By Linda Cicoira

After decades of fear and being disappointed by those who could have helped her, 47-year-old Stacie James got her life back Tuesday and is looking forward to a real future all because there is no statute of limitations on raping your daughter.

Her father, 77-year-old Roy Kellam James, of Exmore, pleaded guilty in Northampton Circuit Court, to two of seven sex offenses that occurred between 1978 and 1982. Testimony revealed he abused his only biological child every chance he got from the time she was four years old until she was 15.

While other girls in her school were talking about boys and cheers, she was worrying that her father would make her pregnant.

The plea came in a bargaining agreement with Northampton Commonwealth’s Attorney Beverly Leatherbury. It allowed the evidence to be told without the victim having to go through the ordeal of testifying.

The maximum sentence is life plus 20 years in prison and a fine of $100,000. James will likely get more than 20 years in accordance with the agreement and thereby be in prison for the rest of his life. Stacie James said she will make a victim impact report before he is sentenced. Meanwhile, the defendant is being held in the Eastern Shore Regional Jail.

Judge W. Revell Lewis III called the crimes “horrific” and said if the victim hadn’t agreed to the arrangement, he would never have accepted it. “The court is going to respect the victim’s wishes,” he said when finding Roy James guilty. Lewis ordered a long-form presentence report and psychosexual evaluation. Sentencing is set for December.

The name of the victim of a sexual offense is not usually disclosed in a news story. However, in the case of incest the identification would be obvious or the true crime would not be able to be called incest. Stacie James gave her permission for Shore Daily News to use her name so that wouldn’t happen.

She cried and hugged the prosecutor and proclaimed that maybe she could move on with her life now. She is infertile, likely from the infections she got as a child from the abuse, although medical records were no longer available to prove it, Leatherbury said.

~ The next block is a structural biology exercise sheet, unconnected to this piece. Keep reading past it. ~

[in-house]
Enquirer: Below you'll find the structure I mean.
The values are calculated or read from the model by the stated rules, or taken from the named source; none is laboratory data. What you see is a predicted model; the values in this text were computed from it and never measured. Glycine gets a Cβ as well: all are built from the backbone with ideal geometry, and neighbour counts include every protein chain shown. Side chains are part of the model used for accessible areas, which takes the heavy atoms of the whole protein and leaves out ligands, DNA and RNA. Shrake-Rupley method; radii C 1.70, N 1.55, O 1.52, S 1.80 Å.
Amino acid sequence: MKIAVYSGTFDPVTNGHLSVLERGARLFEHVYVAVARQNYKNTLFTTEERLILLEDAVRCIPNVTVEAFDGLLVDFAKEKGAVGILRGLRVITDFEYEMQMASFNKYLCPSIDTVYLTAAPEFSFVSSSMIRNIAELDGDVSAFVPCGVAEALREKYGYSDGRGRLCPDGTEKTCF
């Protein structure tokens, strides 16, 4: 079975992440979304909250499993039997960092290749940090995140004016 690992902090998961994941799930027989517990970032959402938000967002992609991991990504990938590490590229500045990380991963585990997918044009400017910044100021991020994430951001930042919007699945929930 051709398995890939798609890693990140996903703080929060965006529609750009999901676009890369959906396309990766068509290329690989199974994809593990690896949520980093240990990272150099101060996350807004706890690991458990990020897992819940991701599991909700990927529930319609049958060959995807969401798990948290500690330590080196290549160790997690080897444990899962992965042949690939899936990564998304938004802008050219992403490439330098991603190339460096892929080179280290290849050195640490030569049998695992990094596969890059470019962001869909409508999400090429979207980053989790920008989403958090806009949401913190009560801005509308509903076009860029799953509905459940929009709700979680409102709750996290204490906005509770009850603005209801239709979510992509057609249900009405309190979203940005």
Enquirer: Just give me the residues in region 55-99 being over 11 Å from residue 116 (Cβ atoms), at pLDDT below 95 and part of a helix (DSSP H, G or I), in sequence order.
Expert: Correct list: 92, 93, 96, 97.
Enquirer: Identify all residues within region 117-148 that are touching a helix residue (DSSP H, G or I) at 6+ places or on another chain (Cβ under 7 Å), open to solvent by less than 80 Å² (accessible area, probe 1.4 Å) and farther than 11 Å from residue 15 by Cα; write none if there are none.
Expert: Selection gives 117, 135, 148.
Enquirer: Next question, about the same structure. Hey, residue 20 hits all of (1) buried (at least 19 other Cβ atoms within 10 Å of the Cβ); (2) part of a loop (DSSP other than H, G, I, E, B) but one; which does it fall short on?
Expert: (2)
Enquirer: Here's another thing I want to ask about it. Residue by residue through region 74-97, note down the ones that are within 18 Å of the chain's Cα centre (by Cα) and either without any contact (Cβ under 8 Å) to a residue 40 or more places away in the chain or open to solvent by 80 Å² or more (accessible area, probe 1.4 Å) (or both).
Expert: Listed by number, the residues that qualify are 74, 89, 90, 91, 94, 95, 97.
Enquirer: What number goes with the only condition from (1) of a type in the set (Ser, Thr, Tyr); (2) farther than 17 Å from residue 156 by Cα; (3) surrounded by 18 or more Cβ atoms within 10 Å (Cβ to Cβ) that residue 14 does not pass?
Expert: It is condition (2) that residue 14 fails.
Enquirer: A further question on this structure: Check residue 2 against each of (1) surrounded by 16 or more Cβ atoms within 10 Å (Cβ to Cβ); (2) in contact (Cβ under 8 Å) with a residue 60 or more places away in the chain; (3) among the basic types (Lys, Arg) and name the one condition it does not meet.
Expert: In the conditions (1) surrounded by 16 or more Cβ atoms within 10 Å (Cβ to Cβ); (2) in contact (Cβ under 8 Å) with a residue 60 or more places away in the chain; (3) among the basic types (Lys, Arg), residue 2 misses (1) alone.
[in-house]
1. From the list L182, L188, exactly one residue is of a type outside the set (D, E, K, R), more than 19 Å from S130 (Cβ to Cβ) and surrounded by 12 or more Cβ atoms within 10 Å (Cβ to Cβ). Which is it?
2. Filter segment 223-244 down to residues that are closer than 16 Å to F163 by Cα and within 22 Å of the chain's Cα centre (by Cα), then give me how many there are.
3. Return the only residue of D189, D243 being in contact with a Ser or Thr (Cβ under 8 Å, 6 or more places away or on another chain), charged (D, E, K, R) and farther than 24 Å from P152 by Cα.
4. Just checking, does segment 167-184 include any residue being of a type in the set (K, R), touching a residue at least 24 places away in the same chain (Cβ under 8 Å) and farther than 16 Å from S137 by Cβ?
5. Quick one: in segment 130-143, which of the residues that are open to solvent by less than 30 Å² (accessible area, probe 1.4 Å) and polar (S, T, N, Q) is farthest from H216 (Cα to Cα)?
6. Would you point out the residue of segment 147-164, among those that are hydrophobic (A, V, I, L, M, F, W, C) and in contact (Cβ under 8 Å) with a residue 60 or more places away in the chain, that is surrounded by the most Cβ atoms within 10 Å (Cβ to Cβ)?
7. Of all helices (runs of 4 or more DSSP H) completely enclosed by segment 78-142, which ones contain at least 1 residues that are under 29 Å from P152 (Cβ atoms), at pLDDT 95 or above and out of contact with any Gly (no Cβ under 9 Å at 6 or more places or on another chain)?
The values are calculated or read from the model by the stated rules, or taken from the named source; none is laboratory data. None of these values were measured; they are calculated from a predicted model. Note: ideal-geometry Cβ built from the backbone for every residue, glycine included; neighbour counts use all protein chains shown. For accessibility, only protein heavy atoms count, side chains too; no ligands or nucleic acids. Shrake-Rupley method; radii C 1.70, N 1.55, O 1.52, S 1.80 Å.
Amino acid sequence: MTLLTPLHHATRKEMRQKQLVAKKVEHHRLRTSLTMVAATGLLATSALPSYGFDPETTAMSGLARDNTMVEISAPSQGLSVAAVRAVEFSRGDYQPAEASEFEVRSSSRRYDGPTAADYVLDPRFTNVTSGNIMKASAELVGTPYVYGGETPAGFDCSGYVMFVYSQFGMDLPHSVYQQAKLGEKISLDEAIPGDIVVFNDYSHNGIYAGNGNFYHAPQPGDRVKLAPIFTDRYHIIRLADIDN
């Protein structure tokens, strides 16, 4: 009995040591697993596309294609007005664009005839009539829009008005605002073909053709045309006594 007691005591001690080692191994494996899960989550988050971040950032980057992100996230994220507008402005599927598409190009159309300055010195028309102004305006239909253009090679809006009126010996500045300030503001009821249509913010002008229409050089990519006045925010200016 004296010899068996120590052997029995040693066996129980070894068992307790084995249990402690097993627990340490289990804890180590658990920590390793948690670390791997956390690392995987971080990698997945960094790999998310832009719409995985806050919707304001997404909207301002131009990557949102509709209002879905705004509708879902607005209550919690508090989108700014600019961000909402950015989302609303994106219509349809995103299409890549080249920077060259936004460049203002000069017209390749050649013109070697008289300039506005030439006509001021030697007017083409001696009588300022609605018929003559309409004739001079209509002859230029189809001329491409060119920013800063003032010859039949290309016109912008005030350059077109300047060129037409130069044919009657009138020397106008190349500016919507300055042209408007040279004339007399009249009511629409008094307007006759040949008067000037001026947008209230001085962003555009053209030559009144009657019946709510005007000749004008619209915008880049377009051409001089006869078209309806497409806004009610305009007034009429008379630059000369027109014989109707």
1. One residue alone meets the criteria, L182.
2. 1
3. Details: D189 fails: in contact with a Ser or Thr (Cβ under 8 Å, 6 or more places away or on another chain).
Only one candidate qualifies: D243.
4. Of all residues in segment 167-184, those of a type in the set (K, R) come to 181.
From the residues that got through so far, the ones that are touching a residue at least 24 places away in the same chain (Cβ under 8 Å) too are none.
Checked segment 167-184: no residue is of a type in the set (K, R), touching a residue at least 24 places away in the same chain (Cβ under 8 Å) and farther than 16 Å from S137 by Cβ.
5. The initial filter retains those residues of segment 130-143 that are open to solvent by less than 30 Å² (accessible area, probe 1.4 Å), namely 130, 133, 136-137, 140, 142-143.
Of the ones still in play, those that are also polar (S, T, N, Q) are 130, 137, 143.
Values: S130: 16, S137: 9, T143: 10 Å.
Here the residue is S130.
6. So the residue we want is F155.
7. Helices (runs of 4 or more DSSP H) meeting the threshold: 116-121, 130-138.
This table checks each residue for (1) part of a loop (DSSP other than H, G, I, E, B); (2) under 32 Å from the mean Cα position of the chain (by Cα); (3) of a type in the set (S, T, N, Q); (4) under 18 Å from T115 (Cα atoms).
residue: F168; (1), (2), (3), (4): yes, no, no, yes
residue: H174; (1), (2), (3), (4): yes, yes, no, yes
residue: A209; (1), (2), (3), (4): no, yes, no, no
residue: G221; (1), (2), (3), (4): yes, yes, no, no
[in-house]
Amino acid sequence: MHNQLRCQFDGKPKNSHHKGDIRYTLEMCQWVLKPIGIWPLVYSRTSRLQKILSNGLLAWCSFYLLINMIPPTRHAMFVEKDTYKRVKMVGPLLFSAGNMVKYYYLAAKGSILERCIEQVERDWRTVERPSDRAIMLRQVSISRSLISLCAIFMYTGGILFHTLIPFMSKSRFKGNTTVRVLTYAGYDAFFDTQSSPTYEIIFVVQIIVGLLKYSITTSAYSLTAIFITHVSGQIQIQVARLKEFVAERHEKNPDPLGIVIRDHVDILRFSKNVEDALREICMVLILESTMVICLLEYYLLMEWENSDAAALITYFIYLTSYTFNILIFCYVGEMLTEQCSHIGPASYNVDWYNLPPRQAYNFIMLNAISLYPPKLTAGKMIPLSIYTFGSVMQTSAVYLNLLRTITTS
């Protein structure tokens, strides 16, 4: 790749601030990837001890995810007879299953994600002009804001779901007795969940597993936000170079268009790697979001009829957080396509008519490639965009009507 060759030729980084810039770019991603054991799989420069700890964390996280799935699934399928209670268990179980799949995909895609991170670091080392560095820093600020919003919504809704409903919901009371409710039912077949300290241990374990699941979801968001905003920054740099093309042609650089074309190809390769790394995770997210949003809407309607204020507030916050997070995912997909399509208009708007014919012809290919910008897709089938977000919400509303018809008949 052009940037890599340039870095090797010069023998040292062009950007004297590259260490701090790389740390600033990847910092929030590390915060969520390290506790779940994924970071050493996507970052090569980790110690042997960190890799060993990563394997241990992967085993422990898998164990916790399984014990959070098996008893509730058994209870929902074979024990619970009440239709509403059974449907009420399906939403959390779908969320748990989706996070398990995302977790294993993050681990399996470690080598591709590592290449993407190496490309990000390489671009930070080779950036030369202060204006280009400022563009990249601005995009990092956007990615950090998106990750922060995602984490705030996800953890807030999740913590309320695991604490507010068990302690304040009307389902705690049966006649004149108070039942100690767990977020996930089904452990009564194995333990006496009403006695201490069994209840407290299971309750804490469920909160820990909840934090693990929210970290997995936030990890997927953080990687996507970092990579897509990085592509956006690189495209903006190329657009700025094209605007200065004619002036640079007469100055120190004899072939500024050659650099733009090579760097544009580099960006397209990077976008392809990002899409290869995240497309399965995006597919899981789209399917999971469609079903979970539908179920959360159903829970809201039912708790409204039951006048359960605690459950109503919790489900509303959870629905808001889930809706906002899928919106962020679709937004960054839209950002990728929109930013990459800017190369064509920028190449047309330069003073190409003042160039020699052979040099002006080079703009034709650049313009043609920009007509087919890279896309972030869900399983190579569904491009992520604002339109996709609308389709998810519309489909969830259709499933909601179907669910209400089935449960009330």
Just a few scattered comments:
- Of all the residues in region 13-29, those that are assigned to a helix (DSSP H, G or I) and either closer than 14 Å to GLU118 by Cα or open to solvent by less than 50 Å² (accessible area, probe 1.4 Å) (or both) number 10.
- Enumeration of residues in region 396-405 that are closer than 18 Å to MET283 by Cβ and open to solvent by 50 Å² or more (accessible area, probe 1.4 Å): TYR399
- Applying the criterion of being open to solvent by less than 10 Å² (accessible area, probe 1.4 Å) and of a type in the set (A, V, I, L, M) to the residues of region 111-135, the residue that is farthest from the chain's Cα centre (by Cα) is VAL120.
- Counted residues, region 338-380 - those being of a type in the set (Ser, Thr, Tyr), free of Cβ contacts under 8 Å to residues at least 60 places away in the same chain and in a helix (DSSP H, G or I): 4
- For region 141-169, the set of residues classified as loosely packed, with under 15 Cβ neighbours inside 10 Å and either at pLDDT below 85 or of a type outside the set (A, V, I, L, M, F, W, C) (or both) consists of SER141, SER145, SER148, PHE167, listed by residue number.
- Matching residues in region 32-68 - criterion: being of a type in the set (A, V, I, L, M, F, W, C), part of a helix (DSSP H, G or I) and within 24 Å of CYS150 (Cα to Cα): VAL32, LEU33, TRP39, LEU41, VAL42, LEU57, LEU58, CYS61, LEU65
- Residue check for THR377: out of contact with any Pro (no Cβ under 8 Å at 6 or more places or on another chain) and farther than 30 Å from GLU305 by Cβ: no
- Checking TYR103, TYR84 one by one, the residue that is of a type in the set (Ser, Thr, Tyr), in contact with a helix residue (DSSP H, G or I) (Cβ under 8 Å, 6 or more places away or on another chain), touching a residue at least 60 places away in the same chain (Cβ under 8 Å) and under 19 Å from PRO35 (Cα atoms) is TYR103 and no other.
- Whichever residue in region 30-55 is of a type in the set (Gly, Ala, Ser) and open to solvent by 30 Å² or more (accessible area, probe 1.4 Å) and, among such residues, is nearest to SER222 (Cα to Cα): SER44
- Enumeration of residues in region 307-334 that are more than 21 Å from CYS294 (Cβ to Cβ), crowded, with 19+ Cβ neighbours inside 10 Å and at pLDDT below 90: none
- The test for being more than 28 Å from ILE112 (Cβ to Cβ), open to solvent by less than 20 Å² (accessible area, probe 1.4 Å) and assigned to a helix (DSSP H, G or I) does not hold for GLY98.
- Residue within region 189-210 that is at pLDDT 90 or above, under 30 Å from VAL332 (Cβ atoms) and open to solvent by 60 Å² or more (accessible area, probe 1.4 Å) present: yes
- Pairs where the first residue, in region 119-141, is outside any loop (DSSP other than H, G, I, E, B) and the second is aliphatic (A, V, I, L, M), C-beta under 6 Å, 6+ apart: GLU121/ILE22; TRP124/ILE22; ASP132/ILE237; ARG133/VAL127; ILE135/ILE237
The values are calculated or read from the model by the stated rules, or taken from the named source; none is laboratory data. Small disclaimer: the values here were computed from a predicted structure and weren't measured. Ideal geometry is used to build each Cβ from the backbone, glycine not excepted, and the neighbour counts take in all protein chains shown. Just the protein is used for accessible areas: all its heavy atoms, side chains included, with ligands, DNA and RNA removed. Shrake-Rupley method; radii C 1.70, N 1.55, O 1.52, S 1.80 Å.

Stacie James’ first memory of the abuse was when she was four and her father came into her bedroom. He put his hand over her mouth and fondled her genitals while “telling her everything would be alright,” Leatherbury said.

When the girl’s parents divorced, she and her stepsister moved to Virginia Beach with their mother. However, the girl was still required to visit her father on weekends where he would rape and sodomize her. Her mother did not learn of the abuse until years later.

According to James, she was taken to several therapists when she was a teenager and they did not report the sexual abuse. She also said she didn’t get help when she told her father’s minister, who has since moved away from the area, or from the headmaster of her school, who after hearing the story decided she was not “the right sort of girl for that school.”

The charges came after Chief Angelo DiMartino of the Exmore Police Department started looking into complaints about Roy James in recent times. His investigation led him to the daughter, who then told him what had happened to her. The defendant was indicted in January.

“If you told me this day would come,” Stacie James said after the trial, “I wouldn’t have believed it.”

Roy James’ brother, who was described as a pillar of the community in Harrisonburg, Va., in the 1980s, was convicted of being involved in a prostitution ring. He was later killed by a husband of one of his victims.